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New Circuit Justice Assignments:
Samuel Alito's arrival at the Court has led to a slight reshuffling of Circuit Justice duties, announced here. Justice O'Connor used to be the Circuit Justice for the Ninth Circuit. Instead of just giving the Ninth Circuit to Alito (obligatory Henny Youngman joke: "Take the Ninth Circuit — Please!"), the Court reshuffled a bit. Justice Kennedy, a former Ninth Circuit judge, has taken the Ninth Circuit and given up the Eleventh. Justice Thomas, a native of Georgia, has taken the Eleventh Circuit from Kennedy and given up the Eighth. Finally, Justice Alito has been given the Eighth. Seems like a sensible shift.

  Does it matter, you're wondering? Well, not much. The Circuit Justice over a particular circuit is responsible for deciding emergency motions from that Circuit, as well as routine matters like filing date extensions. But anything important is referred to the full Court for a full Court vote. As a practical matter, probably the biggest duty of a Circuit Justice relates to death penalty cases. While the Circuit Justice will always refer a petition for a stay or to grant cert in a capital case to the full Court, that Justice can set the tone of whether a particular case merits the Court's review.

  Thanks to SCOTUSblog for the link.
Mr. T.:
For laymen such as myself who keep forgetting which circuit is which, here's a link.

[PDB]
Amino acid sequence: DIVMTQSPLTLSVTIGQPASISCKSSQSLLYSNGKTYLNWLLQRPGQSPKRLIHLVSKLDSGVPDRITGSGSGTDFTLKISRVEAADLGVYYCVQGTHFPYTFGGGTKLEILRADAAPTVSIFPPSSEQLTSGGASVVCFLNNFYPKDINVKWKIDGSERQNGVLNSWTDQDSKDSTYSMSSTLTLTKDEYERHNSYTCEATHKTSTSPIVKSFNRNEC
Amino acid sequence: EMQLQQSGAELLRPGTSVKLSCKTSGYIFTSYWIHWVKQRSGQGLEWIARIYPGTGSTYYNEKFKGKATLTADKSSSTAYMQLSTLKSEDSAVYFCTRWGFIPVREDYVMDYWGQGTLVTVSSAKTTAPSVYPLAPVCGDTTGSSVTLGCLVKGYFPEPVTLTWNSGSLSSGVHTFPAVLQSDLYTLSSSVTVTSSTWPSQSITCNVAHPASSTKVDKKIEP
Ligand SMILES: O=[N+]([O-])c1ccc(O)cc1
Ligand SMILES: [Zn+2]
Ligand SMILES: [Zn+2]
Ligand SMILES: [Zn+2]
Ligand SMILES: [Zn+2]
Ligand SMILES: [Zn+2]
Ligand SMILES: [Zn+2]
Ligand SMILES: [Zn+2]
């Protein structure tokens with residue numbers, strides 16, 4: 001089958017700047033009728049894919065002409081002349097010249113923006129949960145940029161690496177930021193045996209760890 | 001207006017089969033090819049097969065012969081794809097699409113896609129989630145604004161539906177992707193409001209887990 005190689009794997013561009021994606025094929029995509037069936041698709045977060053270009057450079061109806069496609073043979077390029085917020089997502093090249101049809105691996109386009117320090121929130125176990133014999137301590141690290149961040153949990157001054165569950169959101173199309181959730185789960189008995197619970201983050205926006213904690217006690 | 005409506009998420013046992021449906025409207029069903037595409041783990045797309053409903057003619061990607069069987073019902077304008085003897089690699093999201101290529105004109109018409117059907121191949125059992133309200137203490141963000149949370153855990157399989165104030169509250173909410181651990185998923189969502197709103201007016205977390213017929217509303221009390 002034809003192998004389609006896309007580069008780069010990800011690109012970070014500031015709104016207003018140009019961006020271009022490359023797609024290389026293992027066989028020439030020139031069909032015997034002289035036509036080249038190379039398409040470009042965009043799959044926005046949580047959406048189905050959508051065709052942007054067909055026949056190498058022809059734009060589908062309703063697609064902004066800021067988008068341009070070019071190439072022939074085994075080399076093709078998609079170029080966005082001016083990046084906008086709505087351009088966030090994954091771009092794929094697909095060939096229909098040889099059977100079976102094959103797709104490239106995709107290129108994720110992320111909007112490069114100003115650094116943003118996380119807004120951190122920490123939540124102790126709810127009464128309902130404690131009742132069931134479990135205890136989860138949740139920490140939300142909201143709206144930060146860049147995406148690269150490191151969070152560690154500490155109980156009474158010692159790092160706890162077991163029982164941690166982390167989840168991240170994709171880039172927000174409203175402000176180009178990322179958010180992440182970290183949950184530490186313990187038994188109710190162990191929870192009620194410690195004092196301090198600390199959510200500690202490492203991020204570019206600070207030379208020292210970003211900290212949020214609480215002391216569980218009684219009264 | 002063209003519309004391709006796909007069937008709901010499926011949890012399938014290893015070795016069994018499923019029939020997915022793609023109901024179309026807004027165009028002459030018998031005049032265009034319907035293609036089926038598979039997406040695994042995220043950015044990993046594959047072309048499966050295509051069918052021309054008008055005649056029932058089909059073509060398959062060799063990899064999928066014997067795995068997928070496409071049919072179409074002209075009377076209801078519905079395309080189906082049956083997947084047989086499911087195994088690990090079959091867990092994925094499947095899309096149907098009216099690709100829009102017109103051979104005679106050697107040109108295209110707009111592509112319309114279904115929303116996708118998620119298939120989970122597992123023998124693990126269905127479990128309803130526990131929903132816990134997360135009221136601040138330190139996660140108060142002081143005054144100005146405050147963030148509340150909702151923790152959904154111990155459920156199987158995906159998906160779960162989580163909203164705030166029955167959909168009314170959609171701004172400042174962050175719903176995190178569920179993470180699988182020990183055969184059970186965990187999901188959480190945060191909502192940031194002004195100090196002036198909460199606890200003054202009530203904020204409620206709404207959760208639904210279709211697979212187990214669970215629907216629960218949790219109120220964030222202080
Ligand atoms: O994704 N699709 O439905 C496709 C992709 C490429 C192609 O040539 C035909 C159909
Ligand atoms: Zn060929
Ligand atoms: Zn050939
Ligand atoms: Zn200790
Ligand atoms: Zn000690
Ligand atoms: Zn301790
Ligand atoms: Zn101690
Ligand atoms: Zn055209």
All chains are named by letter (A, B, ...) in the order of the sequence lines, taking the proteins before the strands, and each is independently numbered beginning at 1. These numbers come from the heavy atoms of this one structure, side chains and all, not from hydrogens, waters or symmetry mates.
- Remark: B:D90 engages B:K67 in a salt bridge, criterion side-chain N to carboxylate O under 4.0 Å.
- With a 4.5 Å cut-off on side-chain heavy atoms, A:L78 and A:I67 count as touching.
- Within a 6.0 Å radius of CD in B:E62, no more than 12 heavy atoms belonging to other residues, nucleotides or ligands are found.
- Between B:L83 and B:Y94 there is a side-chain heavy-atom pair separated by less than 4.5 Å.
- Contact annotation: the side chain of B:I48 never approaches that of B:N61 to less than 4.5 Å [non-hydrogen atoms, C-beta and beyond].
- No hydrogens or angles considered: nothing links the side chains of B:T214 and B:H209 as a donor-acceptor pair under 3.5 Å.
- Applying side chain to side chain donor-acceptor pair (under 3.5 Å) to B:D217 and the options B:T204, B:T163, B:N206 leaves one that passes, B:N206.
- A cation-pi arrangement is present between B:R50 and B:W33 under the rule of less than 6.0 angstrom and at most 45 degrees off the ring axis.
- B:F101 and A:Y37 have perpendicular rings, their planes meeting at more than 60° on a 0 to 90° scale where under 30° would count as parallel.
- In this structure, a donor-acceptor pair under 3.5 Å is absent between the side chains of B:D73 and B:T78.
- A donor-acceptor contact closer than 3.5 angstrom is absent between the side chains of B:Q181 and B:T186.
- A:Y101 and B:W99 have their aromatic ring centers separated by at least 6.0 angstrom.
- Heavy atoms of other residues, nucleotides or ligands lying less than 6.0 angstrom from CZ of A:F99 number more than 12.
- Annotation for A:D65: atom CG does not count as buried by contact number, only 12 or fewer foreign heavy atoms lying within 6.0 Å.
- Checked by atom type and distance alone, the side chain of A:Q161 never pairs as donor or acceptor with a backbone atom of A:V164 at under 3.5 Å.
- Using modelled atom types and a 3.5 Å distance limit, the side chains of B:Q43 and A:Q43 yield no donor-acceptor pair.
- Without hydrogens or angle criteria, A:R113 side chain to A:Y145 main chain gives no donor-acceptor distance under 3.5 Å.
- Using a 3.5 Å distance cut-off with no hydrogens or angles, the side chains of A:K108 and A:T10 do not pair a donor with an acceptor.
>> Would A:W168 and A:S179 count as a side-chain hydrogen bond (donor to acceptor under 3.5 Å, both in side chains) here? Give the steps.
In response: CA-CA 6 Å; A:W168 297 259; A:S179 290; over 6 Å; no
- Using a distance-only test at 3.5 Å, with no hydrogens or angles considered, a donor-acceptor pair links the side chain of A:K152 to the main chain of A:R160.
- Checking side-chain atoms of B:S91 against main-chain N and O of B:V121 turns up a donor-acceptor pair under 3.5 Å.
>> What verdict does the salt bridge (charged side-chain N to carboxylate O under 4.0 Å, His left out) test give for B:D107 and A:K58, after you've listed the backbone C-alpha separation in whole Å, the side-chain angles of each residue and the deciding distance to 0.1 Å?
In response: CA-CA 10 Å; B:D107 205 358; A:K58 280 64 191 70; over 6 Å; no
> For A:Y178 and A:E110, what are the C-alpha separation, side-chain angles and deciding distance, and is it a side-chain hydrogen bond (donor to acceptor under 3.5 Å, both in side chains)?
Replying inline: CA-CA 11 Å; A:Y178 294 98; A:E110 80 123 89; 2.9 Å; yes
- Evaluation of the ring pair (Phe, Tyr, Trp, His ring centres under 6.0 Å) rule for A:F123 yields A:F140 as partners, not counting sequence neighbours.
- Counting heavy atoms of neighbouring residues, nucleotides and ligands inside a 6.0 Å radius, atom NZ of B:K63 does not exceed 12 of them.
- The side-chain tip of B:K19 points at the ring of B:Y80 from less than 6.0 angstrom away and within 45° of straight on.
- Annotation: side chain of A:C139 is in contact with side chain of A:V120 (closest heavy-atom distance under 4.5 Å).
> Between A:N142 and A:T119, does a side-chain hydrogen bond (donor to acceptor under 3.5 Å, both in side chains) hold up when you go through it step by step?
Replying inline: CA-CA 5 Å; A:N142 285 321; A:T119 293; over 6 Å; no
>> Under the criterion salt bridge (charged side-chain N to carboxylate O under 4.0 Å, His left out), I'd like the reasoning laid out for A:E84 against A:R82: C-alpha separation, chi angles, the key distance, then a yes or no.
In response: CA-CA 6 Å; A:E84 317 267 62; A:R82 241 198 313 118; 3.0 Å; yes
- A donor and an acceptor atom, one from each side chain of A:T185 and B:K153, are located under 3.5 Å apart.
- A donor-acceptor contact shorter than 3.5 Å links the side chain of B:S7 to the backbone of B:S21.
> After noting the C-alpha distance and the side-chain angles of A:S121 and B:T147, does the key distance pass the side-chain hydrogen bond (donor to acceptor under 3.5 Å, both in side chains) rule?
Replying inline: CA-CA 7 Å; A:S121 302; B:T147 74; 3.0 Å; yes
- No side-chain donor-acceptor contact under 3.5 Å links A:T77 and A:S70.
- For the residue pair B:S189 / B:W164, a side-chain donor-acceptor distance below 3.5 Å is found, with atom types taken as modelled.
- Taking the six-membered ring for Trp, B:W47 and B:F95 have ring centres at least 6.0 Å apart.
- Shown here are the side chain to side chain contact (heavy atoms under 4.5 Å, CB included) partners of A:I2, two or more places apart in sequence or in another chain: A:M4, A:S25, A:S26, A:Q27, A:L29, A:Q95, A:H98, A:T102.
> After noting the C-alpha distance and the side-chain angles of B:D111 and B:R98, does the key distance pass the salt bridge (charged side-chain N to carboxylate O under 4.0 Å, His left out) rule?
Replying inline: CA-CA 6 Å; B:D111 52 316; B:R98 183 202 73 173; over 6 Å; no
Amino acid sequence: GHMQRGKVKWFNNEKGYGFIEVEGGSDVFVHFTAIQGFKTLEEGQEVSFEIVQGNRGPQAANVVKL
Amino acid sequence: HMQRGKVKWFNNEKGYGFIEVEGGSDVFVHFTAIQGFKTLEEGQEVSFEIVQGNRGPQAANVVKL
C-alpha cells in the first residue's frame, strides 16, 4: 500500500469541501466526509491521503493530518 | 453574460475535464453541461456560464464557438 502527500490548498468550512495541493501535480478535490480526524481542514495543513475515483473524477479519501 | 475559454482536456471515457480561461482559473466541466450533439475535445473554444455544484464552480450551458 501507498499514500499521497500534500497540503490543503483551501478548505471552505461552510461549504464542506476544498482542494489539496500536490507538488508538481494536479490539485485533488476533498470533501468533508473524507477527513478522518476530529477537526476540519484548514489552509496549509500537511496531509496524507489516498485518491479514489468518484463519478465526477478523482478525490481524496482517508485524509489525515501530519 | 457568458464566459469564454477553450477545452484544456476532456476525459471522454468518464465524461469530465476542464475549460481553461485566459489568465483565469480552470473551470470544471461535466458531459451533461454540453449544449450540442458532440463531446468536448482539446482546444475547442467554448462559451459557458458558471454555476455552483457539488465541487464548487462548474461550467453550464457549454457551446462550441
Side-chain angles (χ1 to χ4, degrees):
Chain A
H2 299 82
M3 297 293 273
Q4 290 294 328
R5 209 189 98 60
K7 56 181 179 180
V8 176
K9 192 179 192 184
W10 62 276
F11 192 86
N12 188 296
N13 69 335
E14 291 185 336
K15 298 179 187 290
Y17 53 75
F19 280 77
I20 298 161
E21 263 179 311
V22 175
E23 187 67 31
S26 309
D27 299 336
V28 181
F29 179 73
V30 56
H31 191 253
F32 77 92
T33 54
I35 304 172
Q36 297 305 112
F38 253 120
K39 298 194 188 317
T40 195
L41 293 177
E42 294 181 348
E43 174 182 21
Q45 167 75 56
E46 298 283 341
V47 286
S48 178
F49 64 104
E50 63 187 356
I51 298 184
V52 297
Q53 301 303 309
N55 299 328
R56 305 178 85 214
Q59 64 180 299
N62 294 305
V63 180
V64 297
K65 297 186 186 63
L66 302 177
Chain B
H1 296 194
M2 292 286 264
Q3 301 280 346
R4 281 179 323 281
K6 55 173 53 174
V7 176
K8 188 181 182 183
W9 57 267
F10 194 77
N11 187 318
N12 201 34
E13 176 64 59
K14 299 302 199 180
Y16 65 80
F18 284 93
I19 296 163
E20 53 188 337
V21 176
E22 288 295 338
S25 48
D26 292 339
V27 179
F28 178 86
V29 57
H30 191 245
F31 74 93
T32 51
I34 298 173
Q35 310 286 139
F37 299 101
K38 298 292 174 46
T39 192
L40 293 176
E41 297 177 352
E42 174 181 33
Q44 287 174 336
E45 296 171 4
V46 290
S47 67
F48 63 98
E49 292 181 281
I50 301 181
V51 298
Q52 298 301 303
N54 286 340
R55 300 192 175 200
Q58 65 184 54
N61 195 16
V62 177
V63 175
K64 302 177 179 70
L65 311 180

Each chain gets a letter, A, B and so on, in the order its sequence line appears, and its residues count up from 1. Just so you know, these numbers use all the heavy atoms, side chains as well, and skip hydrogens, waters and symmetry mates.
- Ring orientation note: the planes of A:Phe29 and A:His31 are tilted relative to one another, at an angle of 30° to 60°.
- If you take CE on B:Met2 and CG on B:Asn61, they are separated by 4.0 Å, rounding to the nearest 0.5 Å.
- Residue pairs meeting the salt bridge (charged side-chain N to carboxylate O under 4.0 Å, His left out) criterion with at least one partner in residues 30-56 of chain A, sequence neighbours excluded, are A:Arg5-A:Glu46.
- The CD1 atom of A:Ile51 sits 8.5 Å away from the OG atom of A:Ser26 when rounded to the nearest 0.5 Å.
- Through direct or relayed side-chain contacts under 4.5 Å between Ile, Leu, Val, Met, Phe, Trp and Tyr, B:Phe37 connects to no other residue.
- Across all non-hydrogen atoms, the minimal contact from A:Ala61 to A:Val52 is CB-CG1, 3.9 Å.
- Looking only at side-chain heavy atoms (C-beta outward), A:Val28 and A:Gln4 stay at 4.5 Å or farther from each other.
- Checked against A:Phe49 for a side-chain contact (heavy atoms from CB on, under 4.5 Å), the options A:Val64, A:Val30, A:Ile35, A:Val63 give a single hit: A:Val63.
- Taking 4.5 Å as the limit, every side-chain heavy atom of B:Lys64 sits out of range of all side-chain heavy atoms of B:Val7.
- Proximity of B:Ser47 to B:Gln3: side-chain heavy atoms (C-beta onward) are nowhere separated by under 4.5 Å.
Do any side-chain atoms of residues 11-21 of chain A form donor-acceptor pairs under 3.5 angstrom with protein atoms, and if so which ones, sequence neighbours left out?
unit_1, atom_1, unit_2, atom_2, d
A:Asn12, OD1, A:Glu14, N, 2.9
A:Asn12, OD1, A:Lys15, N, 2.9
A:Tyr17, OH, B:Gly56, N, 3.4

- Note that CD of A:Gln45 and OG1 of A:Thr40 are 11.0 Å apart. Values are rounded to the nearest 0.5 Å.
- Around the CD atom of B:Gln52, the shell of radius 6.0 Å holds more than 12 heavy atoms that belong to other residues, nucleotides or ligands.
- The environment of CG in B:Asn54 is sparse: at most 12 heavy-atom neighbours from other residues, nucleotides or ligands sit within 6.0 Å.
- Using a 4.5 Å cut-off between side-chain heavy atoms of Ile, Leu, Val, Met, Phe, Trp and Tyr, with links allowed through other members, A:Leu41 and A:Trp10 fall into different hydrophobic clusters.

2.1.2006 12:51pm
Mr. T.:
damn, i was afraid that was going to happen. rather than meput up a string of posts with busted links, just look up "courts of appeals" on wikipedia. or someone who knows what he's doing could post the link
2.1.2006 12:54pm
Nunzio (mail):
I think the Supreme Court Justices should ride circuit like they did in the old days. At least one week a year anyway.
2.1.2006 12:56pm
Roger (mail):
Keep in mind that in the past the Supreme Court justices sat on the Circuit Courts. This seems to still be possible under 28 USC 296, though it would require their later recusal.

And, for the lay people out there, here is a circuit map.
2.1.2006 1:05pm
JRDickens (mail):
Ok,

I am admittedly a legal idion...But there are 11 circuits and only 9 justices. Who gets more than 1?
2.1.2006 1:32pm
nateinky:
Roberts gets the 4th, DC, and Federal circuits; Stevens gets the 6th and 7th; and Souter gets the 1st and 3rd
2.1.2006 1:39pm
Roger (mail):
To be clear, there are 13 Circuits. Likewise, the CAAF is appealed directly to the SCOTUS.
2.1.2006 1:46pm
Rodger Lodger (mail):